Change for the sake of change with no goal or purpose is an act of a rebel without a clue. And the effort is usually wasted. Especially if your change journey depends greatly on others accepting, following and helping you to sustain it, and if you have to overcome their resistance to change.
Whether you want to launch a new business, change your career, move abroad, buy a new home, change your investment portfolio, save money, get on Tinder or become an extreme athlete…, start your change journey by answering the question: Why do I want to make this change? What do I want to achieve?
The question is important because the answer will give you your goal, purpose, and reason for your change. Without it, you can’t move forward. Well, you could (of course), but your journey will be arduous and confusing, with a higher chance that you will give up.
Make sure you have a plan
Once you have your goal, your purpose, make a plan for your change journey and address resistance to change. Don’t improvise; it is risky to do so when making changes. You will be entering into territory that you are not necessarily familiar with. Some improvisation can help you be spontaneous and flexible on the spot, but it is not a guarantee for success – Planning is! It is because changing something usually comes on top and above your everyday responsibilities. Therefore, you need to plan your actions according to available time and resources.
So, plan and when you do so, include in your project:
- timeframes and milestones,
- who are your stakeholders,
- the risks associated,
- who you need to be in your team and can help you achieve your goal.
Dealing with resistance to change
Your plan becomes your action strategy. You will execute the steps and activities you’ve planned. And as you do so, you will face one of the most controversial aspects of any change journey: resistance to change—your own and others. So, the most crucial skill you need to learn when you want to change the world is how to address resistance. First, you will have to understand your stakeholders’ concerns, fears and insecurity – the root cause. The two best strategies to deal with others’ resistance to the change you want are communication and negotiation.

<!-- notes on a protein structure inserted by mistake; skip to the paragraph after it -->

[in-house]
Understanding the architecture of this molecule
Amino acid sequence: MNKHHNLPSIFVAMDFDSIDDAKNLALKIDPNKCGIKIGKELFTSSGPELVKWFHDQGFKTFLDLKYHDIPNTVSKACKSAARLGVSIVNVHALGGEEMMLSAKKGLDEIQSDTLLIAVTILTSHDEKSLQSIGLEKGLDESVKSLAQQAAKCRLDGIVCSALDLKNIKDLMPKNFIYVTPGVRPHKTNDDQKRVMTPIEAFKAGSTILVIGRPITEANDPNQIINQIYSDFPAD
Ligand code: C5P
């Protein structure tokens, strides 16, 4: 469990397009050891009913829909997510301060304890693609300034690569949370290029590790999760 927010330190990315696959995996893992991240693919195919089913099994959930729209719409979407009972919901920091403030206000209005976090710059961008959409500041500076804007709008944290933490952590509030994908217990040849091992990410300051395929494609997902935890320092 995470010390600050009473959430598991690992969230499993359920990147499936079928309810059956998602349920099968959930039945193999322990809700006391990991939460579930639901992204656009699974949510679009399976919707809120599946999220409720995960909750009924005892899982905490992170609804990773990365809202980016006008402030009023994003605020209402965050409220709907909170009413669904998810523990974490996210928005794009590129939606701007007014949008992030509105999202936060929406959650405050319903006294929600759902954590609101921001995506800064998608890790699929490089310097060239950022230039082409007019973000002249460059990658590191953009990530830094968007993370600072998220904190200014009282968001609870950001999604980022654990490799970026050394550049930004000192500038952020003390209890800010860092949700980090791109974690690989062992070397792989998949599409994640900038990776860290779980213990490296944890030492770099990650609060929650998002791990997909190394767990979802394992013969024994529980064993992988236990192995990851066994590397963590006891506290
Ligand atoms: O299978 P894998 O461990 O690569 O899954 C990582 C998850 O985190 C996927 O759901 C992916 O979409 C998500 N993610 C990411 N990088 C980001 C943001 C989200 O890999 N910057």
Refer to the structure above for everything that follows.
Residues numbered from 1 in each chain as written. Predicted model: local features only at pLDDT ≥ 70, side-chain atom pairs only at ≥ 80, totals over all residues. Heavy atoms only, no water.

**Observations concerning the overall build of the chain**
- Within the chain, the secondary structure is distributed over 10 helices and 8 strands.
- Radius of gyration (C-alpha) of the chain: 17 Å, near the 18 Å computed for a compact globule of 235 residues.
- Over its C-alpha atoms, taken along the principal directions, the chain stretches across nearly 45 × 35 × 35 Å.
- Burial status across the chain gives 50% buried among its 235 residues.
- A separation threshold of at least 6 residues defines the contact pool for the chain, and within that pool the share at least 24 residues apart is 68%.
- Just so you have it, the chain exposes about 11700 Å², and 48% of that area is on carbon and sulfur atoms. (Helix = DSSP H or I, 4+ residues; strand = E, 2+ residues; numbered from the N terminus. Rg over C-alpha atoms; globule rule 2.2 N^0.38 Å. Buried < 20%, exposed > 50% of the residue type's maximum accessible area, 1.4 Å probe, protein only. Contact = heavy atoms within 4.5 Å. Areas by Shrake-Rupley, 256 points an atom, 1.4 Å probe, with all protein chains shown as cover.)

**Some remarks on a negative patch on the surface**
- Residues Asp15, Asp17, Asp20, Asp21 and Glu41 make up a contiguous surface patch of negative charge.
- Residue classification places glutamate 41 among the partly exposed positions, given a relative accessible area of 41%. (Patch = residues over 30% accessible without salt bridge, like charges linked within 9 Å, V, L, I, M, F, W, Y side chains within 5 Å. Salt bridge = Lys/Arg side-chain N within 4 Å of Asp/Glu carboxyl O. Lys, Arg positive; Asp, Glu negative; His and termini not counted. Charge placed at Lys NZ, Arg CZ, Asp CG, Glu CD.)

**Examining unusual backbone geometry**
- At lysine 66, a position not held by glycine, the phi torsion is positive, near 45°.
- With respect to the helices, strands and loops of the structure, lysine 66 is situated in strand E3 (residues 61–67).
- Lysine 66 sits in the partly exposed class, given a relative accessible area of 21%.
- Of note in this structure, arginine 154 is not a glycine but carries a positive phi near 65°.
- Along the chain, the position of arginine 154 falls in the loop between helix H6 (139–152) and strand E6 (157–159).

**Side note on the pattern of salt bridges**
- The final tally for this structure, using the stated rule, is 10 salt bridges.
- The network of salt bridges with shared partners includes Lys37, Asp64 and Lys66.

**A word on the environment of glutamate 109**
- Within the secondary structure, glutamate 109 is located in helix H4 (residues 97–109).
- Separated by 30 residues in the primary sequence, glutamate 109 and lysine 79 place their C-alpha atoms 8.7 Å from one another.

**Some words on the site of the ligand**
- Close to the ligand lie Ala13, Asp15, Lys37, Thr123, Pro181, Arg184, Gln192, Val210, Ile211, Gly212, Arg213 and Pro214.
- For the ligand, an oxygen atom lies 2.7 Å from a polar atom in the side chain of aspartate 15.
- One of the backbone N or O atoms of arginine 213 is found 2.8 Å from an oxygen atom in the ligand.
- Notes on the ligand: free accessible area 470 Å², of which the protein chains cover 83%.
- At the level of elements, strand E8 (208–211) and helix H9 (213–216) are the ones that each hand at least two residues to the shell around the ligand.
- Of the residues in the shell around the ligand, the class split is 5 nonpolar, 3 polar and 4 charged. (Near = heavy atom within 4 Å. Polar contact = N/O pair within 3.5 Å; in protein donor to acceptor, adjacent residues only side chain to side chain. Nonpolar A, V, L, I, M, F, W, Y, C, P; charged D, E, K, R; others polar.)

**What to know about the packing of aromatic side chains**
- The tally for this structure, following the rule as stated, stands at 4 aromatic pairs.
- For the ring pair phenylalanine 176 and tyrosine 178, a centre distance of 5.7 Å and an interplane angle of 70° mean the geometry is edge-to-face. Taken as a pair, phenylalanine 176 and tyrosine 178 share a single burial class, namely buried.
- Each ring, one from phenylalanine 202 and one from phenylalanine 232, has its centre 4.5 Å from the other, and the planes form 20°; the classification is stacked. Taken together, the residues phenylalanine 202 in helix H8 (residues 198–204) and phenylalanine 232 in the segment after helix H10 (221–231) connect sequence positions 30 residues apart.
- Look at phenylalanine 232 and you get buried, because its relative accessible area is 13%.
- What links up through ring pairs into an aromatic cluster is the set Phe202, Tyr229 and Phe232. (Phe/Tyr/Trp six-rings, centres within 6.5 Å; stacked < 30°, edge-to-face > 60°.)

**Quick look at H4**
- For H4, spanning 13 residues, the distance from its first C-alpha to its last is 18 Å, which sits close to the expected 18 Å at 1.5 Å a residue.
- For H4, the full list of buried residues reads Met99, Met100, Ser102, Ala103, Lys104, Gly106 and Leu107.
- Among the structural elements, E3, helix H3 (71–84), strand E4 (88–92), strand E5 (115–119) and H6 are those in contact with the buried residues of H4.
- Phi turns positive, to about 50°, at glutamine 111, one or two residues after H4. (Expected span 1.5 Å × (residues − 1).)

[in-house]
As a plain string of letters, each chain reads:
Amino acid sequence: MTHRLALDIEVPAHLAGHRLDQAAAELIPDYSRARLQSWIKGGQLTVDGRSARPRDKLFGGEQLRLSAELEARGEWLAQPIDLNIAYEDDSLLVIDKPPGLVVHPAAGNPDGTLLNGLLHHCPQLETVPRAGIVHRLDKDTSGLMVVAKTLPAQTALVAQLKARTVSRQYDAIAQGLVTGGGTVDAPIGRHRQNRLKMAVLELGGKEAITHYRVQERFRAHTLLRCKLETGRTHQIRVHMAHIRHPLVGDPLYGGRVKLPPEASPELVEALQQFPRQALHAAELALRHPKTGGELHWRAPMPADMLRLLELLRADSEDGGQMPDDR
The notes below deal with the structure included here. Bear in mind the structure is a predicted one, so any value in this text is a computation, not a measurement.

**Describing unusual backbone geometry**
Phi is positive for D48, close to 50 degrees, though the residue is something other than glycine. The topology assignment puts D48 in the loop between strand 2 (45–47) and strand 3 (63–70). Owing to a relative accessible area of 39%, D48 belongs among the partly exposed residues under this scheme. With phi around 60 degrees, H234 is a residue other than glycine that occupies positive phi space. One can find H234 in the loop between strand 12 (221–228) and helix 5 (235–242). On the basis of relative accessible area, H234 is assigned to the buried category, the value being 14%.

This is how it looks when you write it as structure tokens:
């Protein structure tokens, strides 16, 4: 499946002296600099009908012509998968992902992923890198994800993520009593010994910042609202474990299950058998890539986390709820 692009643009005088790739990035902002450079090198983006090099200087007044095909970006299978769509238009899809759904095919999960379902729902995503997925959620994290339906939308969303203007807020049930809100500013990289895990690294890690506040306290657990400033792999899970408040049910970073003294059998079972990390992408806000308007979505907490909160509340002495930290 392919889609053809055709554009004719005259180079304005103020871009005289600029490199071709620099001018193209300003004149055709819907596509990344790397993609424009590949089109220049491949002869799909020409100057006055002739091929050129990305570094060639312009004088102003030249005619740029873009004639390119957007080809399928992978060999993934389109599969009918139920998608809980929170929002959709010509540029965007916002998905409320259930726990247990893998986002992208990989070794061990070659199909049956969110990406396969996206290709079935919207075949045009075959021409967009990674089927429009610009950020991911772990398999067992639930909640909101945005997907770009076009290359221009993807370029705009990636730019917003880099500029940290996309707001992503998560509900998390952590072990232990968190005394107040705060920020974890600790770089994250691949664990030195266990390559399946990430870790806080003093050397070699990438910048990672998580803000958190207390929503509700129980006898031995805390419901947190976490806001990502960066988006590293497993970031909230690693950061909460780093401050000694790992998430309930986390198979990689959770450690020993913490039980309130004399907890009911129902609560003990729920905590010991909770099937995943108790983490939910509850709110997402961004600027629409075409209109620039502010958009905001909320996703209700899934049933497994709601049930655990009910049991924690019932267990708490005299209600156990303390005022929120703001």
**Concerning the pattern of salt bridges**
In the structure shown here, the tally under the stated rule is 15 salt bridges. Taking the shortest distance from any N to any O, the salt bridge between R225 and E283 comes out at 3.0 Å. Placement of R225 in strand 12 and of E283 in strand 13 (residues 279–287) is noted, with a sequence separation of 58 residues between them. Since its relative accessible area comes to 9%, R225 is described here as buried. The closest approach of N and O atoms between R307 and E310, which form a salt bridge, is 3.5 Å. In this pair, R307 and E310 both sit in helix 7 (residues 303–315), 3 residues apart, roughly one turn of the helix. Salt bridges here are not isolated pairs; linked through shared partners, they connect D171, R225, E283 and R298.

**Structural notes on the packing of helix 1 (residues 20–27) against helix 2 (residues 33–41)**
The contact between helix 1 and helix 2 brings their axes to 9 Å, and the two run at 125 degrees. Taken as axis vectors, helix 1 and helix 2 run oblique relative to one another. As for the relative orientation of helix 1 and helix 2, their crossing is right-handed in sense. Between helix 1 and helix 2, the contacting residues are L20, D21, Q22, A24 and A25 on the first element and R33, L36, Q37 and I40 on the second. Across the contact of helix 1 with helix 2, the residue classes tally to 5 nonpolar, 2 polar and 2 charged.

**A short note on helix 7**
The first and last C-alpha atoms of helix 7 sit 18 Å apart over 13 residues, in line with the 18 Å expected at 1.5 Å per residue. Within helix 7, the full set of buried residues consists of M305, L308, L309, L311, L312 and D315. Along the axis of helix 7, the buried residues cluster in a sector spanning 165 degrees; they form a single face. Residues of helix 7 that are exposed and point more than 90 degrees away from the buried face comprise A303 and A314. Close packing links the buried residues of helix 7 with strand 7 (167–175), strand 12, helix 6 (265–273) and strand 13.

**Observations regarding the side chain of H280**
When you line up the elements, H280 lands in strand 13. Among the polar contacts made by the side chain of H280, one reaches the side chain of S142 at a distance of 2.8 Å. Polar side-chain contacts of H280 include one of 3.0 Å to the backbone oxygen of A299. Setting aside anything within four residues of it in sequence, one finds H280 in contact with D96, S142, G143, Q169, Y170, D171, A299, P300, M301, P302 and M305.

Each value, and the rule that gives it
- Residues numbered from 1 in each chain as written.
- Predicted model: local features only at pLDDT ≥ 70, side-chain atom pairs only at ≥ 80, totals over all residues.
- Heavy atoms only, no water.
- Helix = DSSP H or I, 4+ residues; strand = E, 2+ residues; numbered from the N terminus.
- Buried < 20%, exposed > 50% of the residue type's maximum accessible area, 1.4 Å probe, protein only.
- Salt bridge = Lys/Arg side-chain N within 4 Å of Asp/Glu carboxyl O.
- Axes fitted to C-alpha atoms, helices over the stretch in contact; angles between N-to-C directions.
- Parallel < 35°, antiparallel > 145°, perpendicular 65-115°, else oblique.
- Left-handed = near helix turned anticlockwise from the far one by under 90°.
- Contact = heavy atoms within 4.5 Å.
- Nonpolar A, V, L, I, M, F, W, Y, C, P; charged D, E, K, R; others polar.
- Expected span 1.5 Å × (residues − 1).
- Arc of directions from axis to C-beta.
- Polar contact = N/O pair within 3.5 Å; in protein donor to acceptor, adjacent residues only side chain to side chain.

Second, you will also need to deal with your own resistance. And sometimes, you can be your own worst enemy, depending on the roadblocks you face.
It happens when you believe that the longer-term benefit does not prevail over the effort you have to put into it. As a result, you give in to instantly gratifying temptations. The universal example is all the exceptions we make when we are not entirely convinced of the results or benefit from a diet or exercise routine. In her book “How to change?”, Katy Milkman proposes the solution: adding “an element of fun” to the current effort. For example, a pleasant massage after an intense workout, a city break after achieving a significant project milestone, a day off.
… is the all-time enemy to change. We have this contra-productive ability to postpone essential things or delay them even though it will backfire. Human nature, right? There are ways to deal with procrastination: set ambitious goals and break them down into smaller, more frequent commitments. Set up datelines and make them visual. Mark in green every milestone you complete on time and in red any delay. And if worse comes to worst, make a cash payment penalty. Every time you postpone a goal, you will have to pay a financial fine. Pick up a nonprofit organisation, political group, or movement that you really dislike. Write a check, or put at least $50 in a sealed envelope addressed to that organisation. Hand it over to a close friend or relative and tell them to drop it in the mail if you fail to meet your datelines.